Breaking: Leaked Document Reveals Trump's 'Guidelines' for Reopening the Economy


President Donald Trump on Thursday unveiled a set of “guidelines” to U.S. governors for reopening the nation’s economy.

The announcement came as the president participated in a conference call with the country’s governors. Trump later revealed the guidelines to the public during the daily coronavirus task force briefing.

“You’re going to call your own shots,” Trump told the governors, according to The New York Times. “We’ll be standing right alongside of you and we’re going to get our country open and get it working. People want to get working.”

The specific guidelines drawn up by the White House and distributed to the governors, titled “Opening Up America Again,” do not include any specific dates for getting things back to normal.

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Rather, the three phases outlined by the document are a series of recommendations that the White House says is “based on up-to-date data and readiness; mitigates risk of resurgence” and “protects the most vulnerable,” according to CBS News’ Ed O’Keefe.

They are “implementable on statewide or county-by-county basis at governors’ discretion,” the White House added, meaning Trump is leaving it up to the governors to decide whether to put them in place, and when.

The three phases outline a plan in which Americans can gradually return to work while making sure they stay safe.

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“Places with declining infections and strong testing would begin a three-phased gradual reopening of businesses and schools, with each phase lasting at least 14 days, meant to ensure that the virus outbreak doesn’t accelerate again,” The Associated Press wrote in summing up the document.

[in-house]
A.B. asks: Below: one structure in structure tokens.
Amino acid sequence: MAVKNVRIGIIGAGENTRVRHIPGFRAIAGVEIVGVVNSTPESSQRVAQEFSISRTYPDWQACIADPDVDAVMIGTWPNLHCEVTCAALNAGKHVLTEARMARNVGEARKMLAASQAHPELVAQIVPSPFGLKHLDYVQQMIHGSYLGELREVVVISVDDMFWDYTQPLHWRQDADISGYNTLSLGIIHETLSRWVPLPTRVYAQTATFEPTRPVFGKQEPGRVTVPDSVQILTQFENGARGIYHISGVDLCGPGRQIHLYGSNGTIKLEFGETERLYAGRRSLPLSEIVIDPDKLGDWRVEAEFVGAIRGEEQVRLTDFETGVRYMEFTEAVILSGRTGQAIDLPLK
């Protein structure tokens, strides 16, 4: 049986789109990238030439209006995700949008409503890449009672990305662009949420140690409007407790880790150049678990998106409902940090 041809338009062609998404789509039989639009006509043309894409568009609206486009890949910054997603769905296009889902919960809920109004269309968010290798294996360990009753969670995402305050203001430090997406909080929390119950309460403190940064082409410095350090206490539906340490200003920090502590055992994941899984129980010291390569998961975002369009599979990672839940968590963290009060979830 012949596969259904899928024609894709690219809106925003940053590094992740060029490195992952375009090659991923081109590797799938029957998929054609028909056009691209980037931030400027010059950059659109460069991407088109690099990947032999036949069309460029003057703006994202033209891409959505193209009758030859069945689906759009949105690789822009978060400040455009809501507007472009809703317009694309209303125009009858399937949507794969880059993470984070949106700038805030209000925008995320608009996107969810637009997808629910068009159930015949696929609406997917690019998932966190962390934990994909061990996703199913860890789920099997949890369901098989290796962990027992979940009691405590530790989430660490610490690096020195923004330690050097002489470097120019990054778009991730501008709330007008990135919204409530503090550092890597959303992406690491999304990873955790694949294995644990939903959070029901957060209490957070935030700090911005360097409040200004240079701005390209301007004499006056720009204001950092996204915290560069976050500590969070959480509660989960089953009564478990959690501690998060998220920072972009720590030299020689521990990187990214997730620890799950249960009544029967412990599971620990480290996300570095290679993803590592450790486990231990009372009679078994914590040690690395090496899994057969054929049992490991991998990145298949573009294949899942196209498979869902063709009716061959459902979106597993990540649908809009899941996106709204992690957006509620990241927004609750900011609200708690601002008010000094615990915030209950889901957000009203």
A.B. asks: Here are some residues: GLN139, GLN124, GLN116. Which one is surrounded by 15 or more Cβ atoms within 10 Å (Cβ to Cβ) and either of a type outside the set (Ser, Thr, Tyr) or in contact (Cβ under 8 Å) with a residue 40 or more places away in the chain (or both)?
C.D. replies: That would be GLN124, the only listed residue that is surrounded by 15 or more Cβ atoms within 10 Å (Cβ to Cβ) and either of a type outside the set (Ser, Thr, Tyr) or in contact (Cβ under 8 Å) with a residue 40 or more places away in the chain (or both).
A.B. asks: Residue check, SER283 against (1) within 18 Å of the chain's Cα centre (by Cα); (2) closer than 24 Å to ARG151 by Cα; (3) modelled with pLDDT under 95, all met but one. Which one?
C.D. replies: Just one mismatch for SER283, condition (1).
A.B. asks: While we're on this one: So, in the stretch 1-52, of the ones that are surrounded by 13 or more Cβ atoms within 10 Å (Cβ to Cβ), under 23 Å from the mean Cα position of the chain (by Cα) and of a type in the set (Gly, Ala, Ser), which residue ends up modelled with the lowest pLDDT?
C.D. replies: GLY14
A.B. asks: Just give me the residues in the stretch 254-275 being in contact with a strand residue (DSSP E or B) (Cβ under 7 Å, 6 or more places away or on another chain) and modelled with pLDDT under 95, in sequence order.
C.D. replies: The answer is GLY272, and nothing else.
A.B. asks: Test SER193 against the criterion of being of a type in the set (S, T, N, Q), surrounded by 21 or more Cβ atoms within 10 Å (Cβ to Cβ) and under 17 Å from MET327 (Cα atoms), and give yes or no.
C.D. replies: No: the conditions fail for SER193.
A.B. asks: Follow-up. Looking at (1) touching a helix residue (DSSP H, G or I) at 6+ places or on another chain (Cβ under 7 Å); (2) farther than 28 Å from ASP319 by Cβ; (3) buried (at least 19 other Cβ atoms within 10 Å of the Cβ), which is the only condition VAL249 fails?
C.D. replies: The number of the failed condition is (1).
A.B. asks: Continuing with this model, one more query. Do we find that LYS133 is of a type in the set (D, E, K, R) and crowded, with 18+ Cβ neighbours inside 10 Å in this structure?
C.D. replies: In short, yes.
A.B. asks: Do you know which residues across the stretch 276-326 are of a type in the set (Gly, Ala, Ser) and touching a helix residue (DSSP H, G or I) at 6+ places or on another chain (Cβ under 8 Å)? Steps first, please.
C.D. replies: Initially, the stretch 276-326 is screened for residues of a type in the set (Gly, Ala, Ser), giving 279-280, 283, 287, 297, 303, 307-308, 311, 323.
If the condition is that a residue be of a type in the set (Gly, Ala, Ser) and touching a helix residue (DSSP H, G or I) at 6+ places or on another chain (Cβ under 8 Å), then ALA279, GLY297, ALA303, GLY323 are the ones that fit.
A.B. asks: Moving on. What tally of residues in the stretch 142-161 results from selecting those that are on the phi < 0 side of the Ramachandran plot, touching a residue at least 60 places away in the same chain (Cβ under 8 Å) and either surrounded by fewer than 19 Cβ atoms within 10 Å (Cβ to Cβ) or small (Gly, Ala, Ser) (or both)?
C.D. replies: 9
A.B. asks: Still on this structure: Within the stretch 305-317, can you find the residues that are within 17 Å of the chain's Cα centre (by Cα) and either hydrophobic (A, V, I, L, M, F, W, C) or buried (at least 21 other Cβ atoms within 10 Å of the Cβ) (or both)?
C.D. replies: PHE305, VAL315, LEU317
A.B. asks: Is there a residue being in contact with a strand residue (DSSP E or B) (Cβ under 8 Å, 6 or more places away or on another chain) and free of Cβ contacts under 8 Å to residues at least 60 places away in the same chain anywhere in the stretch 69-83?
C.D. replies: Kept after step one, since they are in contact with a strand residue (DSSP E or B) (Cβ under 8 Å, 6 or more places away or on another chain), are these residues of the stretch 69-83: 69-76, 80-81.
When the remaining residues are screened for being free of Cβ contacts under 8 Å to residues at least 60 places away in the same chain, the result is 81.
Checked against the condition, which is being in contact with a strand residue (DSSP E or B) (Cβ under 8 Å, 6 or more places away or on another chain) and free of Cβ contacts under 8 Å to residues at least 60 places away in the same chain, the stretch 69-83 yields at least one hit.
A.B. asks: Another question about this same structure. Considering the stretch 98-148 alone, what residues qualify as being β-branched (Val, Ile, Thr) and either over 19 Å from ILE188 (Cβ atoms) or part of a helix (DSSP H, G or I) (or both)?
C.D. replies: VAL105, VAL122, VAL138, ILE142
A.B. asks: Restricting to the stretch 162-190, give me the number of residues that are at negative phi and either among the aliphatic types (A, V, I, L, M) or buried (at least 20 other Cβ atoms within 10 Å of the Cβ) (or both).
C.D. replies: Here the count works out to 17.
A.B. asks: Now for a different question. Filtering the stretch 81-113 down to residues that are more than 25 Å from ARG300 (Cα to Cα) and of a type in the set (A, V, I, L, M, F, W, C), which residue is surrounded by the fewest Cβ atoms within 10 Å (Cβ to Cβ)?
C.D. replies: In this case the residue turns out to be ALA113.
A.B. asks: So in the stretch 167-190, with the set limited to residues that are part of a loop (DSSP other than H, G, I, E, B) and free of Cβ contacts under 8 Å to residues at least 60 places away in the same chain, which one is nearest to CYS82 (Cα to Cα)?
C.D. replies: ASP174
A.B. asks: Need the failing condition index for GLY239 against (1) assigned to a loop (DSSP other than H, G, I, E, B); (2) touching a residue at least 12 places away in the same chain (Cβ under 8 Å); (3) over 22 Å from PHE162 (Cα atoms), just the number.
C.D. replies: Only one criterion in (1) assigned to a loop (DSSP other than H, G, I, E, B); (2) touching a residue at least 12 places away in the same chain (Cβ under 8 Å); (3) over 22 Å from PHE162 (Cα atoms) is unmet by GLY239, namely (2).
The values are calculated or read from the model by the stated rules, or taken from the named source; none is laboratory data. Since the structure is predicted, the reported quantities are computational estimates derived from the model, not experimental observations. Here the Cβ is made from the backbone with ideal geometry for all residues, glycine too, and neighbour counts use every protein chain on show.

Phase One includes the most stringent guidelines.

“‘Phase one’ calls on employers to telework where possible, return to work in phases, minimize non-essential travel and make accommodations for the vulnerable populations within the workforce. It calls on all vulnerable individuals to ‘shelter in place,’ and when in public, all individuals should continue social distancing,” ABC News reported.

“In ‘phase two,’ non-essential travel for employers can resume. Schools and organized youth activity can reopen. Bars, gyms and large venues can reopen with proper social distancing measures in places. Churches can open with social distancing. Elective surgeries can resume.”

Over time, the guidelines relax, and by Phase Three, vulnerable populations are able to “resume public interactions,” while still practicing physical distancing.

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“Large venues,” the document says — including sit-down restaurants, sporting venues and places of worship — “can operate under limited physical distancing protocols” in Phase Three.

A copy of the guidelines obtained by ABC can be seen below:

Reopening Guidelines by ABC News Politics on Scribd

The White House is also putting an increased emphasis on “contact tracing” in communities around the country.

According to The Times, “contact tracing” describes the process by which medical personnel “track the spread of the coronavirus by getting in touch with people who test positive to see who they have had contact with three or four days before they started showing symptoms.”